“2019 is the year when the training wheels come off and the world gets to see what CRISPR can really do for the world in the most positive sense,” says Fyodor Urnov, a gene-editing scientist at the Altius Institute for Biomedical Sciences in Seattle and the University of California, Berkeley

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A procedure called mitochondrial replacement therapy could eliminate devastating diseases. It would not enable parents to ‘design’ their children

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Stanford is investigating Stephen Quake, a professor of biotechnology, because of his interaction with He Jiankui, the scientist behind the first gene-edited babies. “I hold myself to high ethical standards,” said Dr. Quake, who was once Dr. He’s academic adviser

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Critics are concerned about the explosion in controversial stem cell procedures offered by clinics—and, increasingly, respected hospitals

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This response, marked by cooperation and in-country capability, may be the model for the years ahead, as scientists from both Broad in the US and Nigeria believe the chances are high of emerging virus outbreaks occurring more frequently.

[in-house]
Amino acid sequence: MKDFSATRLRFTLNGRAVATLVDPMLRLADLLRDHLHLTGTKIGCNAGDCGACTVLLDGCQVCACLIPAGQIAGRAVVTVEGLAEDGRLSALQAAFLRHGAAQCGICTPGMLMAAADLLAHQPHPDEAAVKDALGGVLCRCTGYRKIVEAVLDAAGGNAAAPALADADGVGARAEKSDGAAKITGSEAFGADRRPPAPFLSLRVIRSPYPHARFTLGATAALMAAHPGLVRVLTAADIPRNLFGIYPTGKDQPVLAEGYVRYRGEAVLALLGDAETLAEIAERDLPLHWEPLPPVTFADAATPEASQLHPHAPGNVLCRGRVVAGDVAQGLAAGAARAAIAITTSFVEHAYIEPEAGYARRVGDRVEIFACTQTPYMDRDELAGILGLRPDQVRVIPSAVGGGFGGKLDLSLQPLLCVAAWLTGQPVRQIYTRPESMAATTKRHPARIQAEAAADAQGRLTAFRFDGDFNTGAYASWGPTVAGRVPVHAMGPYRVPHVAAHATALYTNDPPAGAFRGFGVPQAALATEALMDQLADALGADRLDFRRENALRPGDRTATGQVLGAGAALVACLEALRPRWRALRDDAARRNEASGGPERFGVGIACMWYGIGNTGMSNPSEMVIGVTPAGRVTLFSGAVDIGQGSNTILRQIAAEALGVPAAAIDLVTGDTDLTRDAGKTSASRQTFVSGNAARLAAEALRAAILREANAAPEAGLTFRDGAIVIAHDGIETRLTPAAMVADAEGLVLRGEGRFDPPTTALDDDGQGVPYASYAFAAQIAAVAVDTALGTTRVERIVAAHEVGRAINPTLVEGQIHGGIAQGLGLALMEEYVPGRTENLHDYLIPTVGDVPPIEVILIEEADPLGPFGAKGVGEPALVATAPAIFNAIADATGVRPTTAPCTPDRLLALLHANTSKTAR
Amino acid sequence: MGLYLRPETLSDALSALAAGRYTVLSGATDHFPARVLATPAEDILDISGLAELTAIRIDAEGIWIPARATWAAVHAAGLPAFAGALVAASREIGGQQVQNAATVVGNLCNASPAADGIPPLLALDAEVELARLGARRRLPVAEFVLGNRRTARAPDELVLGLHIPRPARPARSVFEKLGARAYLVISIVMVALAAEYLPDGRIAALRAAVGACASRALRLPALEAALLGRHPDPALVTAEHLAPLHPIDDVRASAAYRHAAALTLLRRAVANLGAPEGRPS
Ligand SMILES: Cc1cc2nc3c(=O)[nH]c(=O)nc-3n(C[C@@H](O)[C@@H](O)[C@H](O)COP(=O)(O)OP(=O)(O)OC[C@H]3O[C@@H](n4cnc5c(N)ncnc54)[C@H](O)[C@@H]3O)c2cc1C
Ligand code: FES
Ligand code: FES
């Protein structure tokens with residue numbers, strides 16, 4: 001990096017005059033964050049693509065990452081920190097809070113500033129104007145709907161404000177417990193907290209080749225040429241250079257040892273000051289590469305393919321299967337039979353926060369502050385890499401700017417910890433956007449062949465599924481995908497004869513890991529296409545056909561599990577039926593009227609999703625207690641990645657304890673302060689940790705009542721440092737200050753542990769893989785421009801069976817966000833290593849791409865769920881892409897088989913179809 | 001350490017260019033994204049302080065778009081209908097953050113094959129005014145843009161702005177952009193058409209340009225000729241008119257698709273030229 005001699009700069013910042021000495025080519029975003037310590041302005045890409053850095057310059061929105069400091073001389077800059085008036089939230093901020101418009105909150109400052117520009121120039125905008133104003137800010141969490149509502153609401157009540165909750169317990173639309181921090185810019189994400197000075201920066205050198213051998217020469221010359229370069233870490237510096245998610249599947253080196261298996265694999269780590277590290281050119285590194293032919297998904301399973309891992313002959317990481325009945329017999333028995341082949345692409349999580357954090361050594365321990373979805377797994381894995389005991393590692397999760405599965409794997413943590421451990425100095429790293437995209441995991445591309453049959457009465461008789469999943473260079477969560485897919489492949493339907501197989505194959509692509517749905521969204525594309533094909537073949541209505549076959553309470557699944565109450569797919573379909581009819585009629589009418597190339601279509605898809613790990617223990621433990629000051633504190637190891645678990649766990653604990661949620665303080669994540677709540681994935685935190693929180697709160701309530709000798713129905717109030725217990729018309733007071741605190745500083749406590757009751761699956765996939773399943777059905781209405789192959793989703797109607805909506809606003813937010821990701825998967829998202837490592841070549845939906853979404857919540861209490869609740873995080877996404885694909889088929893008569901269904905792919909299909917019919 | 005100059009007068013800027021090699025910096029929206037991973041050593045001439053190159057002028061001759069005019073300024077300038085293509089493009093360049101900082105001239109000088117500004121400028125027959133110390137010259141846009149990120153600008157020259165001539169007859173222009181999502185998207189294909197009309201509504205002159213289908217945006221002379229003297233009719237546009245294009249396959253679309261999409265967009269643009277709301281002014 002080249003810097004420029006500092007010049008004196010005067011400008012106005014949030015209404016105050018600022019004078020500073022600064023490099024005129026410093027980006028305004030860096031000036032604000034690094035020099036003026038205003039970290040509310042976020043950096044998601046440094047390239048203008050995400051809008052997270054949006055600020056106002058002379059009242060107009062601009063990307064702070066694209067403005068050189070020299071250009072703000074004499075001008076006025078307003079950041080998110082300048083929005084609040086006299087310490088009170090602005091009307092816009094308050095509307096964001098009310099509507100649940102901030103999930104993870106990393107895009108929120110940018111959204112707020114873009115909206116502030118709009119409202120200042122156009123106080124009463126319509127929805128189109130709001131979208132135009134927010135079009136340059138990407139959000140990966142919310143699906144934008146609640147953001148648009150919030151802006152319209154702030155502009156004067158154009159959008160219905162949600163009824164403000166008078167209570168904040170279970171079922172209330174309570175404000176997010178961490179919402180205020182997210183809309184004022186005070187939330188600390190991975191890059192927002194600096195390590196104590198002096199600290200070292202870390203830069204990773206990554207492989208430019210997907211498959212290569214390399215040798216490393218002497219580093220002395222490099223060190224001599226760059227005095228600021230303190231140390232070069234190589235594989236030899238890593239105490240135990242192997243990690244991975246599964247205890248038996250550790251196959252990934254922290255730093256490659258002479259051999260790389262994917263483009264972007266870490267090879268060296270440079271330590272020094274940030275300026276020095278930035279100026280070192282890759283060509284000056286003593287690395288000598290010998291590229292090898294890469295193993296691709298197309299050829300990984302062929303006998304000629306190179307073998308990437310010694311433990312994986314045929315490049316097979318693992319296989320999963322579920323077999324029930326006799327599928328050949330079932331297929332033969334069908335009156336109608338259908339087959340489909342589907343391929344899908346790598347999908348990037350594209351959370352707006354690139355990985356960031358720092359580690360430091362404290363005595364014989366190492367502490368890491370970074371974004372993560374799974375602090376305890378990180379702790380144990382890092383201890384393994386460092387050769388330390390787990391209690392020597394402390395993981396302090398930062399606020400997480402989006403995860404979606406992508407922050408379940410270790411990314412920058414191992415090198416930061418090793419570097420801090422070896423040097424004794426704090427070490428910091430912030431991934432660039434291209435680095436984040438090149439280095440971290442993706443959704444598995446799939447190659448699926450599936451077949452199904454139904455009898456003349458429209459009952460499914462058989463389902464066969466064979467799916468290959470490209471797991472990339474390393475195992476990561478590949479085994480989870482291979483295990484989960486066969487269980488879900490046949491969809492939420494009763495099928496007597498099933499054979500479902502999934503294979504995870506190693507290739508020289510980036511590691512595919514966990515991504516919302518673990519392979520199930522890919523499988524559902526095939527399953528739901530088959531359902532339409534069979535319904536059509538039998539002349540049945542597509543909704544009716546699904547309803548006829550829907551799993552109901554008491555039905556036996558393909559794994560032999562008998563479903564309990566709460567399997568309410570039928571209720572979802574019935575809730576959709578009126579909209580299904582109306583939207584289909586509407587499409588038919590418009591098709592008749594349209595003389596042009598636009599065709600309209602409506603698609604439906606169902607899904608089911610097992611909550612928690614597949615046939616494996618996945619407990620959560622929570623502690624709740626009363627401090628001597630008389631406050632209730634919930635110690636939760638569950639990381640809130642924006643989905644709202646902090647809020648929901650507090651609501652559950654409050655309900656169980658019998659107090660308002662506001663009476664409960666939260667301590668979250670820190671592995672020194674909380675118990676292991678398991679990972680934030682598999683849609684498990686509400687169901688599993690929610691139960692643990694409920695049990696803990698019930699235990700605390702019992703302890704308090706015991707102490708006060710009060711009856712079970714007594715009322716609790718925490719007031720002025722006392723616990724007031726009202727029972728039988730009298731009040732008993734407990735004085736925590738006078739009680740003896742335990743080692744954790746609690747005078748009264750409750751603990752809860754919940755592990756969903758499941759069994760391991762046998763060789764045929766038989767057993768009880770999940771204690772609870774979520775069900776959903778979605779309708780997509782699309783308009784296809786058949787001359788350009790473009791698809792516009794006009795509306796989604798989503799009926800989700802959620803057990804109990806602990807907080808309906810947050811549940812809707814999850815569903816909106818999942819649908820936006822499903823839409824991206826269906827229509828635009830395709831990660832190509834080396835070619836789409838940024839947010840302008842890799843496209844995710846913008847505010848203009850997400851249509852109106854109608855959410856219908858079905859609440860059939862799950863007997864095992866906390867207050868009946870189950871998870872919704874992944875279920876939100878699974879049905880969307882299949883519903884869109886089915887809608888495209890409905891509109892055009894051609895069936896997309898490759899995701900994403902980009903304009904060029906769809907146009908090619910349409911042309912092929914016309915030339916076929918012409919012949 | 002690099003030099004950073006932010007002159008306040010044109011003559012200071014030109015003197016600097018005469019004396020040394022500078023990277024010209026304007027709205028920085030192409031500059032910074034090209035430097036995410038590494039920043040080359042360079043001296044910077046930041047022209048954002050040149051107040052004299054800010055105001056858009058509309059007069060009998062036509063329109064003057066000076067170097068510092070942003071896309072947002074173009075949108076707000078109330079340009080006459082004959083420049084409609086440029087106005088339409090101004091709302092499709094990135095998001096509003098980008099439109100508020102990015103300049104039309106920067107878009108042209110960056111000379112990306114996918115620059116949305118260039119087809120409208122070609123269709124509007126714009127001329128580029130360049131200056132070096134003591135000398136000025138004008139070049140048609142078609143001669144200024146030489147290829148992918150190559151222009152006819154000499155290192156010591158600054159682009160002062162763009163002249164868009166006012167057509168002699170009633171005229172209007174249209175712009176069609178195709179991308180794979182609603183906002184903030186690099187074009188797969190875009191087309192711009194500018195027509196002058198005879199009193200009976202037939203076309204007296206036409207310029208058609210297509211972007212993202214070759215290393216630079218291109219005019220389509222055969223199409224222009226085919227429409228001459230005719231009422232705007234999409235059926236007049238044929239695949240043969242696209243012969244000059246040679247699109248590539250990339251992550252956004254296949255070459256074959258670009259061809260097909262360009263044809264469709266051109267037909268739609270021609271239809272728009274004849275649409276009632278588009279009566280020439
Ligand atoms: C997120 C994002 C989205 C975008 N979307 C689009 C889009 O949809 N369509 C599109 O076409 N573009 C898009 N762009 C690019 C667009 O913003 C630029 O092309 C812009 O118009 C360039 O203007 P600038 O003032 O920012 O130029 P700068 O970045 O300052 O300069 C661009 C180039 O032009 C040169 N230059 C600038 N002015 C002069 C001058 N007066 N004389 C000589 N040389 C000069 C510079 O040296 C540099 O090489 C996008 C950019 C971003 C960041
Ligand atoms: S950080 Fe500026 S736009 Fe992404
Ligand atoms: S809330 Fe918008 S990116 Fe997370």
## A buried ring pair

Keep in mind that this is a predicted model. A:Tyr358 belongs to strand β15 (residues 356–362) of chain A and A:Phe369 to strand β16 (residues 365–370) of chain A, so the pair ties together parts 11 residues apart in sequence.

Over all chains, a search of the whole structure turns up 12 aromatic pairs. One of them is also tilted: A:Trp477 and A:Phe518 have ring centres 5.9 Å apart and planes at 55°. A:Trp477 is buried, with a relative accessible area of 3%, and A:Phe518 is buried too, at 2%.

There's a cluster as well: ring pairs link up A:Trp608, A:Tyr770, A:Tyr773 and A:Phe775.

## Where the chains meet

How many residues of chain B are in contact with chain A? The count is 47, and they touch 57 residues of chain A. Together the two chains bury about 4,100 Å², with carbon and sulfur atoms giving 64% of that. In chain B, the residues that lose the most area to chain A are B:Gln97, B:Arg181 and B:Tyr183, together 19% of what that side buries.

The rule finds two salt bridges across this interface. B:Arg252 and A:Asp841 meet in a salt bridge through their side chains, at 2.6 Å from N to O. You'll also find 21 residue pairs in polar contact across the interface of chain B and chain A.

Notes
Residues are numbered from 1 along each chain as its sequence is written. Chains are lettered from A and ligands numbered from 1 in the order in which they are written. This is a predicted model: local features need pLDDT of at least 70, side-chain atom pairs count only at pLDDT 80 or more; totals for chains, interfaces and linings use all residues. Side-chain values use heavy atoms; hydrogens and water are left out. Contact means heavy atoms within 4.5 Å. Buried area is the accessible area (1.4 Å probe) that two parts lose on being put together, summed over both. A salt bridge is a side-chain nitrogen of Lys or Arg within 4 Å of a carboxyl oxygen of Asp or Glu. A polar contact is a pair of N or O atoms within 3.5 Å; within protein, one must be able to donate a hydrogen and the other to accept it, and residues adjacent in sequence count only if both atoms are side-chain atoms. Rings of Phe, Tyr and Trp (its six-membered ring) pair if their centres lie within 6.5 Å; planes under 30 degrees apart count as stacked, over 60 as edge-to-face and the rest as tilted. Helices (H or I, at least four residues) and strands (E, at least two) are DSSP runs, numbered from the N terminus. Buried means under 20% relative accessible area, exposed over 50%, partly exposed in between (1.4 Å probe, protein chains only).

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So why can’t more women get it? We now know there’s a cheap, safe treatment that could save thousands of lives each year. But those who need it can’t always access it.

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Sea of Solitude, which Electronic Arts will publish this year, is among a growing number of video games that are tackling mental health issues

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Digital health apps, which let patients chat with doctors or health coaches or even receive likely medical diagnoses from a bot, are transforming modern health care. They are also — in practice — being used as suicide crisis hotlines

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